To prepare for this issue of Strictly Business which focuses on area restaurants I did a little research. Here is some of what I found.
The first documented restaurant in the world opened in Paris in 1765. It served one dish: sheep’s feet in white sauce. (Be still my heart!) The Union Oyster House in Boston opened in 1826 and is the oldest restaurant in continuous service in the U.S. (FYI: My mother was a waitress at the Oyster House during the 1940s.)
Eating out in restaurants used to be something people did for a special occasion or when they were traveling. Today, according to the Bureau of Labor Statistics, the average American eats a commercially prepared meal four or five times a week and spends over $3,000 annually doing it.
And so, if you are like Mary and me, and like to enjoy a good meal that someone else prepares, here are a few places you might consider.
Montreal natives Tom and Elizabeth Brilotti offer authentic dishes using old family recipes at Casa Capitano, an aviation-themed, Italian restaurant located on the waterfront in Rouses Point. Tom spent 40 years as an airplane pilot and instructor; Elizabeth’s career was spent in the pharmaceutical industry, much of it at Pfizer. It is well worth a short trip to Rouses Point to meet this engaging couple and enjoy their wonderful food.
Farmhouse Pantry in Saranac started out as a bakery but has expanded to a full-service restaurant known for its farm to table cuisine. Josh and Sarah Vaillancourt are huge supporters of our regional farmers and the community and are eager to welcome you to their special place.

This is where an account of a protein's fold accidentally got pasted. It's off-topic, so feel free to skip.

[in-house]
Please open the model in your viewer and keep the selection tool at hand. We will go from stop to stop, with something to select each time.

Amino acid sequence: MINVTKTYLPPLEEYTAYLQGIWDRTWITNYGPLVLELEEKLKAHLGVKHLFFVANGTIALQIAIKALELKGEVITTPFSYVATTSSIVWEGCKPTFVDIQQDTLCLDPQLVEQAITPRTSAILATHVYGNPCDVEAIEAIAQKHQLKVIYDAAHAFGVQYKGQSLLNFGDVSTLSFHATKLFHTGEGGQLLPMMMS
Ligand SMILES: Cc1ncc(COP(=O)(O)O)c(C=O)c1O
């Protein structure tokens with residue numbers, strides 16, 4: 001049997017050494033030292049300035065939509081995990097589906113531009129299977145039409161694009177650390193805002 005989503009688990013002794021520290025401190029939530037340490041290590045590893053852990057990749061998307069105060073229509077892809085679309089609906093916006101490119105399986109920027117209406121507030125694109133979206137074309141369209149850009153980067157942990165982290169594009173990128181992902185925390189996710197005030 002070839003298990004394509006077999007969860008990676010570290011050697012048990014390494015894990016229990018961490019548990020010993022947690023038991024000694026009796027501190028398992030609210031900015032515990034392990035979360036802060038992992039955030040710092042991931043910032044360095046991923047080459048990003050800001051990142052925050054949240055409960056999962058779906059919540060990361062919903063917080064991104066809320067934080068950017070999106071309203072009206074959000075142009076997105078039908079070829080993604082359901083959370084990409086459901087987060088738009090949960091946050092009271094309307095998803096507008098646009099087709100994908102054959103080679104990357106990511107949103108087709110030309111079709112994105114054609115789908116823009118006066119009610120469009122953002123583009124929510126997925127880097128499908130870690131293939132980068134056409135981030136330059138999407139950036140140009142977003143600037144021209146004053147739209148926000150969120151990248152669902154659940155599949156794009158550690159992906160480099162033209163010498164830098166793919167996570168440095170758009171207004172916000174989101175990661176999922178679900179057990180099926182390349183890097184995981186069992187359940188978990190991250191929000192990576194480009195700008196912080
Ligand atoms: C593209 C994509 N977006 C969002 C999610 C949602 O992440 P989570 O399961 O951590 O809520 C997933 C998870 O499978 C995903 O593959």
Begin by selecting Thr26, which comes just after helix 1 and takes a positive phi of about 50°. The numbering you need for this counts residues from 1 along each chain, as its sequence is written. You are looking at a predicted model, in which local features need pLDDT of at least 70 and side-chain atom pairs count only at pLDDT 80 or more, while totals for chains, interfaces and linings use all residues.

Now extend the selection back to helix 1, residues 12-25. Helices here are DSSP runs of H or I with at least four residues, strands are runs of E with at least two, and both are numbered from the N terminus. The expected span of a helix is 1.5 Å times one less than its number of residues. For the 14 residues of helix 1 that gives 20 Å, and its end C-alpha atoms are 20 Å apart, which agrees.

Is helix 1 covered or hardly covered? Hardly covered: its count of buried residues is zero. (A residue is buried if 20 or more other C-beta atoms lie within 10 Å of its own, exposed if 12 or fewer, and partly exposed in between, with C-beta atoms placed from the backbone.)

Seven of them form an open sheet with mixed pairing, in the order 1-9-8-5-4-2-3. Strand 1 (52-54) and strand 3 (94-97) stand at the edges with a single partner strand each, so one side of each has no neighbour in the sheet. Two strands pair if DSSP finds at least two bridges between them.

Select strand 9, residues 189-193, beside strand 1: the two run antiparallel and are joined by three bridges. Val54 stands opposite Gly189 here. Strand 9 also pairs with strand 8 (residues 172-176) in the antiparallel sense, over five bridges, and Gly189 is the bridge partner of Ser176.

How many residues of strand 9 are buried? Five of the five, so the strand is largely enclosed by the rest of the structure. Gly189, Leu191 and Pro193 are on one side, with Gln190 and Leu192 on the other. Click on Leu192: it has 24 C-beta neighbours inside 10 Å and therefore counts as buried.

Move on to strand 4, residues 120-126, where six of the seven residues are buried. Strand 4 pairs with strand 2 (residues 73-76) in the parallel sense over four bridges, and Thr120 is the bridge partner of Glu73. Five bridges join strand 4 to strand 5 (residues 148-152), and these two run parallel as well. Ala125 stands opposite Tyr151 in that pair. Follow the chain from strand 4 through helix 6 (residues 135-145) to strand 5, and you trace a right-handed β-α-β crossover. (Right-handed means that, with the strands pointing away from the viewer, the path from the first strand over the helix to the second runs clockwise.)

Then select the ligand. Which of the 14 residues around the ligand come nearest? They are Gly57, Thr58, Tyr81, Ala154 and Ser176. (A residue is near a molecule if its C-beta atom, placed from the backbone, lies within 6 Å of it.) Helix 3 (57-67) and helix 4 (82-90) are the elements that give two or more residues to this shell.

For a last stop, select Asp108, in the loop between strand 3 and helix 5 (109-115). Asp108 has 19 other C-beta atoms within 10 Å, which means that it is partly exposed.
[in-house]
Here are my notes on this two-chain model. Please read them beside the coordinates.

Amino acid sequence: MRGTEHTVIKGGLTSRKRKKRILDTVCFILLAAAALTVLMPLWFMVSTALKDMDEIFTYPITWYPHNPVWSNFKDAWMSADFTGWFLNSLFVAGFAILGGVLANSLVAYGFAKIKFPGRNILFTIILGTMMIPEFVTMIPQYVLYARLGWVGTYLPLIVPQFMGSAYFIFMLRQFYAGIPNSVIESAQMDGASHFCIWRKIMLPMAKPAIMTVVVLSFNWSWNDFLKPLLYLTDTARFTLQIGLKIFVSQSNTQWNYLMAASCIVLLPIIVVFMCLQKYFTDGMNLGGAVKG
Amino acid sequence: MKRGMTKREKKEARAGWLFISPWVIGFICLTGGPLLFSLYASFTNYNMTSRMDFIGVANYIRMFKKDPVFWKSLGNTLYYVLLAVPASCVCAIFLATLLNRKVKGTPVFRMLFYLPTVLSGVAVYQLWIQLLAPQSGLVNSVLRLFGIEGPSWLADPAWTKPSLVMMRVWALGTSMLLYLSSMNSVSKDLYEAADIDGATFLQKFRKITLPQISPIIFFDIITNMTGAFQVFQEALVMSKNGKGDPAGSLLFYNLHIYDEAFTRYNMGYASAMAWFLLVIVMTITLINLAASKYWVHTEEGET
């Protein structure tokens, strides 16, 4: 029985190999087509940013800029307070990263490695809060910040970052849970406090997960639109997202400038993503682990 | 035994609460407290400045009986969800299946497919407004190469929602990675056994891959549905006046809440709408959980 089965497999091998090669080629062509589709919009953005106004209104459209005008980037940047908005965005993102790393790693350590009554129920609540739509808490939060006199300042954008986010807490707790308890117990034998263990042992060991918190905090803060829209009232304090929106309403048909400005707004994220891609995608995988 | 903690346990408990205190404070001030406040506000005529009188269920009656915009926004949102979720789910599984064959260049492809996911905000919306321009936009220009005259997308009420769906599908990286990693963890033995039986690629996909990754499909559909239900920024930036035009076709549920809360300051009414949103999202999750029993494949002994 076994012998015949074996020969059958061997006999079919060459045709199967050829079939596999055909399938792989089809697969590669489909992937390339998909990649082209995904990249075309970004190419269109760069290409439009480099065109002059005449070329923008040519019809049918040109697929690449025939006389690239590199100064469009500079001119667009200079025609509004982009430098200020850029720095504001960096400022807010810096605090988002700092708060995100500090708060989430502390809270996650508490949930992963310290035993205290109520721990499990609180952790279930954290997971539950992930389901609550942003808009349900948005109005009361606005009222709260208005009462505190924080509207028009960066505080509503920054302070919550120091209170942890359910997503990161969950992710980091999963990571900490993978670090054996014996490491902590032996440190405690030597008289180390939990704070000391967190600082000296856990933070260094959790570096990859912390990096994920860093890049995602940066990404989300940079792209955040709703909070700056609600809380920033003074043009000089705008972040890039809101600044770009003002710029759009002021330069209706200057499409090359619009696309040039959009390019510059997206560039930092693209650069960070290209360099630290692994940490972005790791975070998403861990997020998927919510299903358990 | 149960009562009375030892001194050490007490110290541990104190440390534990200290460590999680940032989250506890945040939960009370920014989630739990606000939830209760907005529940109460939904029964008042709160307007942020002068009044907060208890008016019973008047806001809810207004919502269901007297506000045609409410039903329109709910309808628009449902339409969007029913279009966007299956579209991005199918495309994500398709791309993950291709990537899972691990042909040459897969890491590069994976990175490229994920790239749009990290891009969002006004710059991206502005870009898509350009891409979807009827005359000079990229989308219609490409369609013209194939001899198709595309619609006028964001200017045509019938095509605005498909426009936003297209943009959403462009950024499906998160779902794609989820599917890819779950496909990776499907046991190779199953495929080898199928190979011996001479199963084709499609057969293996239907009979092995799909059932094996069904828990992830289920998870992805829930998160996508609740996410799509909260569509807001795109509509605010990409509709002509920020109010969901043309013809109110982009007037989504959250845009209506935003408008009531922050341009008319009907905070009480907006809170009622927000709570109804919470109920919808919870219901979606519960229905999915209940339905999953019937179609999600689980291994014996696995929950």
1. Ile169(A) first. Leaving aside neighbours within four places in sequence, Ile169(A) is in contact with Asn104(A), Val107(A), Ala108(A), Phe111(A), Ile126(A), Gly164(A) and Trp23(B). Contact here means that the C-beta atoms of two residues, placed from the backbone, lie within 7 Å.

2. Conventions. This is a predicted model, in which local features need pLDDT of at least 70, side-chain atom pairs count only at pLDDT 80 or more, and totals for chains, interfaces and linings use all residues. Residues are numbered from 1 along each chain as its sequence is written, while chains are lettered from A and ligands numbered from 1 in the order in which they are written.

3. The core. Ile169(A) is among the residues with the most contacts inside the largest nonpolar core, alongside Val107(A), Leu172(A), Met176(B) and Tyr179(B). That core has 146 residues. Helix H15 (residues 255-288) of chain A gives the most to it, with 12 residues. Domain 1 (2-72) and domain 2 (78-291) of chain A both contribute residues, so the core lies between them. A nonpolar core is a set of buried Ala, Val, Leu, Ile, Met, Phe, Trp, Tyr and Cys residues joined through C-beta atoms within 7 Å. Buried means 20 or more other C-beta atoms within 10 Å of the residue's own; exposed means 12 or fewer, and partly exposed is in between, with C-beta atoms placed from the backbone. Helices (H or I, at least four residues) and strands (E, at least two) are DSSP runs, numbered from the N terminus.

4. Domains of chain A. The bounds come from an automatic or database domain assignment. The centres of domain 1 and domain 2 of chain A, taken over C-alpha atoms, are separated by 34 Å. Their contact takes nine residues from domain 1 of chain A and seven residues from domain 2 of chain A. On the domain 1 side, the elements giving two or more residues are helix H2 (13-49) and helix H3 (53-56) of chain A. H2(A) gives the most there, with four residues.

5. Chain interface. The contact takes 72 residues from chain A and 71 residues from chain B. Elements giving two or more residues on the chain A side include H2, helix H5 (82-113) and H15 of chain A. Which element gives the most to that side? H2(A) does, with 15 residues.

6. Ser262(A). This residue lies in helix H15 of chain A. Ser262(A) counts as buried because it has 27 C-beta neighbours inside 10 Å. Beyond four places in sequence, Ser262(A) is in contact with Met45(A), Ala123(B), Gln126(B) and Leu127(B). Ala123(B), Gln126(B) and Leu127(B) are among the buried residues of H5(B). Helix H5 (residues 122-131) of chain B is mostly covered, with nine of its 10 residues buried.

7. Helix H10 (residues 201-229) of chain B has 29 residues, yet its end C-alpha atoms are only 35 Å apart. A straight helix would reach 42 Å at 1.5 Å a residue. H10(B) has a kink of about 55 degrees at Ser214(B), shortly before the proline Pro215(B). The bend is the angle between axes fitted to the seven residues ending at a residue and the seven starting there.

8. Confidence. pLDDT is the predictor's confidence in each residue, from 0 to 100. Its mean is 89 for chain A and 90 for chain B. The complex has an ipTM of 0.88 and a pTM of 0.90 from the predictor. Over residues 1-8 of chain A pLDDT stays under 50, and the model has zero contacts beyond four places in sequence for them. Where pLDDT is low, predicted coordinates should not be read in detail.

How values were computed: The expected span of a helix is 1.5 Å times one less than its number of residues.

It has been seven years since David Allen put his eclectic background to work at his new restaurant Latitude 44 on U.S. Avenue in Plattsburgh. His offerings were an instant hit with diners and have continued to be. Visit Latitude to enjoy traditional favorites and their creative drink specials made with herbs from the restaurant’s own garden.
Don’t miss our heartwarming article about Grandma’s Spanish Kitchen and its owner Josue Chanduvi. Starting with recipes from his beloved grandmother as well as his father, Josue has attracted a clientele that enjoys his diverse menu which features Spanish favorites such as traditional, freshly made tacos
on Tuesdays to his “Trust Me” option, created for the diner who can’t decide just what to choose.
There are so many dining options in the Tri-lakes area we asked Essex County native and SB contributor Carol Blakeslee-Collin to pick one of her favorites. Her choice was Salt of the Earth in Lake Placid. Operated by friends Andrea Lautenschuetz and Liz Arnold, this small homey place offers a variety of menu options from the unusual to the traditional. Everything but the bread, gelato and sorbet is home made. Try it, you’ll love it.
And then we have this month’s Insight feature with John Redden, Commissioner of Social Services which serves nearly 25% of the population of Clinton County. Redden, a North Country native, explains how his agency practices “servant leadership and appreciative inquiry,” which he says means looking for the good in people and not focusing on the negative. An approach to be emulated.
Bonnie Black, director of Employees Assistance Services at Behavioral Health Services North, writes about mental health awareness and then Garry Douglas wraps up this issue with an invitation for all area business people to attend the Chamber of Commerce’s annual Business Expo on Thursday, June 6th. This year’s event will be the 31st Expo and each one seems to get better. There is no where you can find so much information and meet so many people. Don’t miss it!
One more statistic for you to ponder. Food and drinks sales of the restaurant industry in the United States reached more than $782 billion in 2016 (the last year for which I could find stats) — a long way from the $42.8 billion seen in 1970. More people are eating out, whether it is at a sit-down restaurant or fast-food place… and that’s good for business.